But forget about that business with the knees! The guidebooks all repeat the same error, that the "Grand Escalier" has somewhat more than 200 steps up to the churches, but clearly that's a typographical error and a zero has been dropped.
Just think - we've been preceded here, on their knees (probably with helpers, or even proxies) by Eleanor of Aquitaine, Henry II of England, a bucketful of French kings, the explorer Cartier and the composer Poulenc, and, apparently, the medieval hero Roland (of Chanson de Roland fame) who died whilst assisting Charlemagne in his defeat by the Basques at Roncevalles in A.D. 778, but not before getting his legendary sword "Durandal" stuck in the rocks of these cliffs, and just leaving it there. Where it remains to this day.
"Childe Roland to the Interminable Stairway came." This really is a long way up the hill, knees or no knees.
They say that, even today, more than two hundred years after the Enlightenment, devout pilgrims sometimes still struggle up this thing on their knees, but thank god we didn't see any of those today. After living in Oklahoma for some years, one really has no stomach anymore for that sort of thing.
Once onto the ramparts, we're taking a breathless break from the endless stairs and admiring the breathtaking views as well (which sounds self-defeating).
Rocamadour village seen down the chimneys. Where the medieval villagers raked in a fortune off people determined to struggle up the Grand Escalier on their knees and knock off some of their Purgatory time, whatever the cost to their patellae. "Men's beliefs have their cycle, their season, their birth, their death . . . as cabbages do" (Montaigne, Raymond Sebond).
The churches round the holy St Michel plateau, or Cité religieuse, radiating solid stoney holiness everywhere
The Notre Dame church on the Plateau St Michel level, beckoning with still more holiness. (In fact, we have the Chapel of Notre Dame, the basilica of Saint-Sauveur, the chapel of Saint-Michel, and the Palais des Eveques, or Bishops' Palace, all in proximity here, and I don't have any idea which is which.)
Hoopla-Ho! There's the Black Madonna. Endorphins are gushing now, what a saintly feeling -- this sort of profound religious experience is enough to make you want to dash back down the 2,000 steps and come up again on your knees. That's what the composer Francis Poulenc did in 1936, when the sight of the Black Madonna sent him reeling.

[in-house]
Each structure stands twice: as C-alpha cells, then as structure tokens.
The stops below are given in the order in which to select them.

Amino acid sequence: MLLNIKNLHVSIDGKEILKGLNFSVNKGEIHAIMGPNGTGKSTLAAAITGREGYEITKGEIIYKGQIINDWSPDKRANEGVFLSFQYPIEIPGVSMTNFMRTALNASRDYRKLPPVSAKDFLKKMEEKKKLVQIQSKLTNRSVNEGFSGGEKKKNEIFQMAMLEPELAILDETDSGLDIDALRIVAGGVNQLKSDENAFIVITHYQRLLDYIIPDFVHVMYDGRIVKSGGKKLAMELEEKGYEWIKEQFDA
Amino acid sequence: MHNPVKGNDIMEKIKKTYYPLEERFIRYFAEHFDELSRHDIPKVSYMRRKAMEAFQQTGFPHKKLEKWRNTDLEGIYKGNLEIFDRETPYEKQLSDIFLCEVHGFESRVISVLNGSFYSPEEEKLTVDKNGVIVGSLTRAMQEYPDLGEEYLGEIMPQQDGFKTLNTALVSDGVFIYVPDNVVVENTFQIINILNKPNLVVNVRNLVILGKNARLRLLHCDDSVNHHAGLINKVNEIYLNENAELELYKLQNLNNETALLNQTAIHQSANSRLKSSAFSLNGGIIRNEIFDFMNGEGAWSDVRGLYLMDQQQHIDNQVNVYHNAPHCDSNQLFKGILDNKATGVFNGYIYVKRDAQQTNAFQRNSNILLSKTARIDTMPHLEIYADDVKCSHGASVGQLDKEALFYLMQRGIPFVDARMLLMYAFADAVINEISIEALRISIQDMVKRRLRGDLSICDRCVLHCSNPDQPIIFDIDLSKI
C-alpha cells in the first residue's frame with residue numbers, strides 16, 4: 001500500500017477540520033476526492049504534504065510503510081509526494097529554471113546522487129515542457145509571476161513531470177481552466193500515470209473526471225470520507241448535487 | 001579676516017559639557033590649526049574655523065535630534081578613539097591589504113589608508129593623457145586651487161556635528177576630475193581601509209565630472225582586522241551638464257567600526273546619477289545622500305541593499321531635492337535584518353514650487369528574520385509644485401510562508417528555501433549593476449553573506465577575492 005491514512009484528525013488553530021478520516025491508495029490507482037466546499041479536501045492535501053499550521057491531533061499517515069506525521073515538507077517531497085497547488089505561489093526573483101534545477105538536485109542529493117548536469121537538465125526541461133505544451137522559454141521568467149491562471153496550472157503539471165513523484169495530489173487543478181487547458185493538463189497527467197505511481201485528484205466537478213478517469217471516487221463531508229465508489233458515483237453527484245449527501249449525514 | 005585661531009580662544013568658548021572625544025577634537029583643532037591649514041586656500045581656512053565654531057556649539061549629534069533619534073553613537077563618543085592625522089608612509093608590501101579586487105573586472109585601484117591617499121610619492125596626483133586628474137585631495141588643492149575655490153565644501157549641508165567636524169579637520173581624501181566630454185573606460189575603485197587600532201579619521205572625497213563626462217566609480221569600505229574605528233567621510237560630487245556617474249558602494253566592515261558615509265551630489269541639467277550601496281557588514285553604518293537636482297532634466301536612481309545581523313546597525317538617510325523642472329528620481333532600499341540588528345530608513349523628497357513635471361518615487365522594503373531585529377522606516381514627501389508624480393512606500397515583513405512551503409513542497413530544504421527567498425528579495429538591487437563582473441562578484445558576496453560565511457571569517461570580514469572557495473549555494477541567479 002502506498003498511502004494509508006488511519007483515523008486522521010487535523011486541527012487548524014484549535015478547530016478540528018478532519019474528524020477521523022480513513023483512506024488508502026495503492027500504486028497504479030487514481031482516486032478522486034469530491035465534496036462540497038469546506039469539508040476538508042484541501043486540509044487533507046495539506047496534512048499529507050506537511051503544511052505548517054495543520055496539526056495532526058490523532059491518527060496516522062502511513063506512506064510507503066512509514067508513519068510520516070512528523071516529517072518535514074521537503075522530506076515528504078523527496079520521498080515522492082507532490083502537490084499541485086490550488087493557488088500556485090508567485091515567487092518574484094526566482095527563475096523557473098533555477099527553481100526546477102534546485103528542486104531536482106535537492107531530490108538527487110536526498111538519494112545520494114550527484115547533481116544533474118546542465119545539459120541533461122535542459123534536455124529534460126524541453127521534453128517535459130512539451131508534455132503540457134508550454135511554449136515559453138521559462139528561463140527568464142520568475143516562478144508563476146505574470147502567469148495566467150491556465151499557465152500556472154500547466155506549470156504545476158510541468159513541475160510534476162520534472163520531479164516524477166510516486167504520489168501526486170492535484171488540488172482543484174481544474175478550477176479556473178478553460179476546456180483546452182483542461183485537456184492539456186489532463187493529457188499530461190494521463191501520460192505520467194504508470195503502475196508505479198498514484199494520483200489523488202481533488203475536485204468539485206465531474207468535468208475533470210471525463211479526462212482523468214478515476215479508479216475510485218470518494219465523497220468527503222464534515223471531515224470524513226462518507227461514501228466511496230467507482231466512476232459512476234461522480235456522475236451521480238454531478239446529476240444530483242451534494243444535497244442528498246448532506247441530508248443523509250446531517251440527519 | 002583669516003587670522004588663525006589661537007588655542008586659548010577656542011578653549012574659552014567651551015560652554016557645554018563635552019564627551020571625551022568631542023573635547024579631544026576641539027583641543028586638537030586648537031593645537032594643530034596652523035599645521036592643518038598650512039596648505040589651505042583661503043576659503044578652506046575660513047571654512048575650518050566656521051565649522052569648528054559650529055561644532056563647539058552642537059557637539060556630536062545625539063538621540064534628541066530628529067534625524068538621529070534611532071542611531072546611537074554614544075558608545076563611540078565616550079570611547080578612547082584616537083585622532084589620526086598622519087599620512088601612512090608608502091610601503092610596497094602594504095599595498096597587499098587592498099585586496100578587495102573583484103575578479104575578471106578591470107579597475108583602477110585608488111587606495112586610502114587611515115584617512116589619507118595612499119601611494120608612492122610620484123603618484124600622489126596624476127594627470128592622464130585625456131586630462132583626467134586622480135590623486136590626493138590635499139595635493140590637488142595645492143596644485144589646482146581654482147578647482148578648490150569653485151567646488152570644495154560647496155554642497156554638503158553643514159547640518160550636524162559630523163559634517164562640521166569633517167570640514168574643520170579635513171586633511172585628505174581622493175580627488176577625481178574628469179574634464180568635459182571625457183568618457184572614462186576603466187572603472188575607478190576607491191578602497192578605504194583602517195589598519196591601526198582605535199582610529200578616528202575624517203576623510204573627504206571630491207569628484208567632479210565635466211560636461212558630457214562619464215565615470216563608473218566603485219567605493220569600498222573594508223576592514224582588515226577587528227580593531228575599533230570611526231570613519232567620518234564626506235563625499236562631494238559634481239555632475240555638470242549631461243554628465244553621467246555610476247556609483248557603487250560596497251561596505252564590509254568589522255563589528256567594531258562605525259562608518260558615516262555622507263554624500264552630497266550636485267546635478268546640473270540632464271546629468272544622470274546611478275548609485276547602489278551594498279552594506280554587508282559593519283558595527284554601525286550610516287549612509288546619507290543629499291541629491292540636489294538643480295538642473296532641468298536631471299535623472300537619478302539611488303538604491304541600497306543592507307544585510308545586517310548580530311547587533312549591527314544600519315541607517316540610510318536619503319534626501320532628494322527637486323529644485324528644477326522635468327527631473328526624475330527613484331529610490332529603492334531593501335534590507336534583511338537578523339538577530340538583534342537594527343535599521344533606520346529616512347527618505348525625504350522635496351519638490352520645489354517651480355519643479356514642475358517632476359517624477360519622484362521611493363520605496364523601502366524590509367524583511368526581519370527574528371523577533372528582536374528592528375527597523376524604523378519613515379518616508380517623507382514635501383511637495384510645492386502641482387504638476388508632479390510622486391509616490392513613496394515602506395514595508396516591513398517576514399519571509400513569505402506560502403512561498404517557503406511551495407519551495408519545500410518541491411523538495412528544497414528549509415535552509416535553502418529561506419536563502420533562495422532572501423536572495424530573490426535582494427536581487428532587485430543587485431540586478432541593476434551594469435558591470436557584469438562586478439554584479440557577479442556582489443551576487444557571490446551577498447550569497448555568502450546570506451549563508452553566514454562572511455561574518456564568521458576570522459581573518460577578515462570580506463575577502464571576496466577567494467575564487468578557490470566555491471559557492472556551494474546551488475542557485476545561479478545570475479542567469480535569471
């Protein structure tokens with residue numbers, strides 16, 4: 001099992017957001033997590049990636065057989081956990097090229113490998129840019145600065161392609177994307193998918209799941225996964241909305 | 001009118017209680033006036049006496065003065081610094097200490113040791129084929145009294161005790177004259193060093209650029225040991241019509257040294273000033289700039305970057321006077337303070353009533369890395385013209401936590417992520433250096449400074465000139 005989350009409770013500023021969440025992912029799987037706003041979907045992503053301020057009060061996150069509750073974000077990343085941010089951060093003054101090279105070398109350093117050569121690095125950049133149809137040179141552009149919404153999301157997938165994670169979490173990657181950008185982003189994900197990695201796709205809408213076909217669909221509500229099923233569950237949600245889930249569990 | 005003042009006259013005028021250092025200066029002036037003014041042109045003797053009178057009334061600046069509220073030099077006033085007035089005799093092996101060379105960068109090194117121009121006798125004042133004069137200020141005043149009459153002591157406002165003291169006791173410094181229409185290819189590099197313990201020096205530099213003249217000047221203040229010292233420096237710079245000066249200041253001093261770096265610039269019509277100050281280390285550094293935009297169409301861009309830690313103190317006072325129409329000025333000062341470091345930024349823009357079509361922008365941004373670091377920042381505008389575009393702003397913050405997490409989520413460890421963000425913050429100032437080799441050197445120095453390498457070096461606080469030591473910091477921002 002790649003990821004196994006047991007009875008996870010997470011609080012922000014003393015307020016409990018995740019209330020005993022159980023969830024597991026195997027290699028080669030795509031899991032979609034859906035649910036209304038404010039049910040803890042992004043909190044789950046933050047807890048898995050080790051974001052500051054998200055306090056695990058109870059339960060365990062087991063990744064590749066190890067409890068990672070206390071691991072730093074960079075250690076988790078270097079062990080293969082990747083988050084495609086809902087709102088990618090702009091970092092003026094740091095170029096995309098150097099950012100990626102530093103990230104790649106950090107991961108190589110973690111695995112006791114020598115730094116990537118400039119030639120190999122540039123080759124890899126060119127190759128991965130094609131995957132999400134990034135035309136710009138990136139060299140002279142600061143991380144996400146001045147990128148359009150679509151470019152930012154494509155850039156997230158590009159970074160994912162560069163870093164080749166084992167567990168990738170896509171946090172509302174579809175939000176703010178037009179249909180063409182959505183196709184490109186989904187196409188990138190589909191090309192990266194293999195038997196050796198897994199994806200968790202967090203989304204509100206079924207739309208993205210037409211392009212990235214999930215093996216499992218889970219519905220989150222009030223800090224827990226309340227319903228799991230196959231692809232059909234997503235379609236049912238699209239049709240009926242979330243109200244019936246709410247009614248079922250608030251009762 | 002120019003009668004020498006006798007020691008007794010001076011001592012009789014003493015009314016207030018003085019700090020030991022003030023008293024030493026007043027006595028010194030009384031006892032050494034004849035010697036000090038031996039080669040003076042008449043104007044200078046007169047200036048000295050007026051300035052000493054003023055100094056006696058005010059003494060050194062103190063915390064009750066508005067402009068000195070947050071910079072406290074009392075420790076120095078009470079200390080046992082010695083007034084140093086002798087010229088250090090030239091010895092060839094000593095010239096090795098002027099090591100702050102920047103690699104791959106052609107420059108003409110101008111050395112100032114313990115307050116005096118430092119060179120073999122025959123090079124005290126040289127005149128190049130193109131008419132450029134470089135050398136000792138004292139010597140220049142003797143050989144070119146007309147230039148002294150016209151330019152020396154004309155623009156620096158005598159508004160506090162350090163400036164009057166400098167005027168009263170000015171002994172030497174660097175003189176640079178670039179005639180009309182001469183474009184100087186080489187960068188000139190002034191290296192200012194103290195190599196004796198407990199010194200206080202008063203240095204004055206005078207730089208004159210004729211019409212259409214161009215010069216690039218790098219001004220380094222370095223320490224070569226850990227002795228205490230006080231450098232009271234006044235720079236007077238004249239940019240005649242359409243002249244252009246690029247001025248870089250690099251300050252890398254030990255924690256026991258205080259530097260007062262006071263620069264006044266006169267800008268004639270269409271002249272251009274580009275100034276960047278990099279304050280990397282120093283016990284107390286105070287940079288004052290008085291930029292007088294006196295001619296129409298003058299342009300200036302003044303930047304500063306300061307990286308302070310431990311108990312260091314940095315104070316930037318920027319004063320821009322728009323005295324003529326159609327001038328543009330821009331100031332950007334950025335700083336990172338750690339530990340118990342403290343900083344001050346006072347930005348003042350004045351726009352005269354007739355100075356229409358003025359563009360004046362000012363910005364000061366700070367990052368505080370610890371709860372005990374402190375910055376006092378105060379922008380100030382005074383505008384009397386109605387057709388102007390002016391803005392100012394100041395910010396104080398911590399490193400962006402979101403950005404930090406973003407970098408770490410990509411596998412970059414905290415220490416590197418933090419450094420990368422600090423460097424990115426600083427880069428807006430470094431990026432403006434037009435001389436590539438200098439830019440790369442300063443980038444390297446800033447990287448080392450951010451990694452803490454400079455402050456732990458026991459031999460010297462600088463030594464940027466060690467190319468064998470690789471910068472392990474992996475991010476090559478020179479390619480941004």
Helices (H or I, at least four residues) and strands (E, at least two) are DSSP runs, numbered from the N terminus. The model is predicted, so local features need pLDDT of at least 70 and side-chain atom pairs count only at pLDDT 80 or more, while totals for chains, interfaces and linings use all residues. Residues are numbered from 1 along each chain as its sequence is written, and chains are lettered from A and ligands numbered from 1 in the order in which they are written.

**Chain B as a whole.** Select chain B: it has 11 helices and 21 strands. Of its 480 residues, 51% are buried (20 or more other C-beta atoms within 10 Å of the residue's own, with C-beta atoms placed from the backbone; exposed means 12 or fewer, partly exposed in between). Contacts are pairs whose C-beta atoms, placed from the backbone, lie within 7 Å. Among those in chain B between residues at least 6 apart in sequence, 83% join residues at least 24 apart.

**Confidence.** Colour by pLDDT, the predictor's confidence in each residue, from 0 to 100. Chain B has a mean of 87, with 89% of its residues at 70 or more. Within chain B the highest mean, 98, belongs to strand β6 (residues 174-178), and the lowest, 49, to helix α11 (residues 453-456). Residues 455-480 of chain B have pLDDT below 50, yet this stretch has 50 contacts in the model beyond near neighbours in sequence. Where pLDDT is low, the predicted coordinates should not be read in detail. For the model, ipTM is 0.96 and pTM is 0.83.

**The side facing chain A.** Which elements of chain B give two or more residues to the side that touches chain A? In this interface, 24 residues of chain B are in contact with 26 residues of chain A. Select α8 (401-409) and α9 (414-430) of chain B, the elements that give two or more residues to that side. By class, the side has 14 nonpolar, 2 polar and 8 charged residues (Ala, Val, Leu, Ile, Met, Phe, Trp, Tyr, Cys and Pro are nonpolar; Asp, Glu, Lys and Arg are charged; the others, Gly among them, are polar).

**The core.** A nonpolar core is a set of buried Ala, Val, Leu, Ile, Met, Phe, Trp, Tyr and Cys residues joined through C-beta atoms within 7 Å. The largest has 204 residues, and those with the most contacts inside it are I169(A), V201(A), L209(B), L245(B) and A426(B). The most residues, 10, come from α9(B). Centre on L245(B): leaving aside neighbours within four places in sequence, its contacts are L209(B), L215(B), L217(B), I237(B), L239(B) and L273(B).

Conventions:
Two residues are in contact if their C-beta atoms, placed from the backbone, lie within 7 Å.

St Amadour's down in there -- I'm going to spare you the sight of the old guy himself, it's disgusting. Anyway, the Huguenots attacked this place during the Religious Wars and hacked the original saint to pieces, so what we've got here is a fairly grisly 19th century "reconstruction".
This is becoming a little too intense and unnerving. We'd better move on. Farther up.
-- Farther up!?!
The kneeworthy stairways ended at the church level, midway up the cliffs, and now we're on a winding path the rest of the way. Enlivened by shrines to the Stations of the Cross at every switchback. They probably did this part on their knees, too. This is called the Chemin de Croix, and after a while it's a bit like lugging your own cross up here on a hot day.
We're up on the château walls now (2 euros through the turnstile) and finally getting some breeze.
Kristin out on one of the inexplicable wing-walls, which must only be here to protect the gardens from intruders (medieval intruders, presumably; after the invention of cannonballs these things would have been as protective as a tent.). We're looking out across the causses and down into the ravine of the Alzou.
Well-sculpted hillsides, and the village below.
We've paid out our 2 euros each, and we're not going to miss anything.
We're sneaking now round the back of the main building of the château, towards the other wing-wall. Nobody's getting in to see the château itself, of course, not with one million tourists filing past here every year, the strain on the family's hospitality would be formidable. On the other hand, that would be a lot of euros.
The first wing-wall and the gardens, and the causse ridgeline in the distance.
Château and wall, with a tourist on it, one of more than a million expected. This is only June; they'll be along any day now.
Kristin descending towards the valley of the Alzou.
Kristin at the Gates.
More stations of the cross, etc.
And back down into the village by the less publicly sanctified route, probably just as hard on the knees, though, and then back down to the carpark.
And the saintly express train up the hill. Now, back to St Céré for dinner on the terrasse and just possibly a little accrued credit towards Purgatory. What a spiritually uplifting day.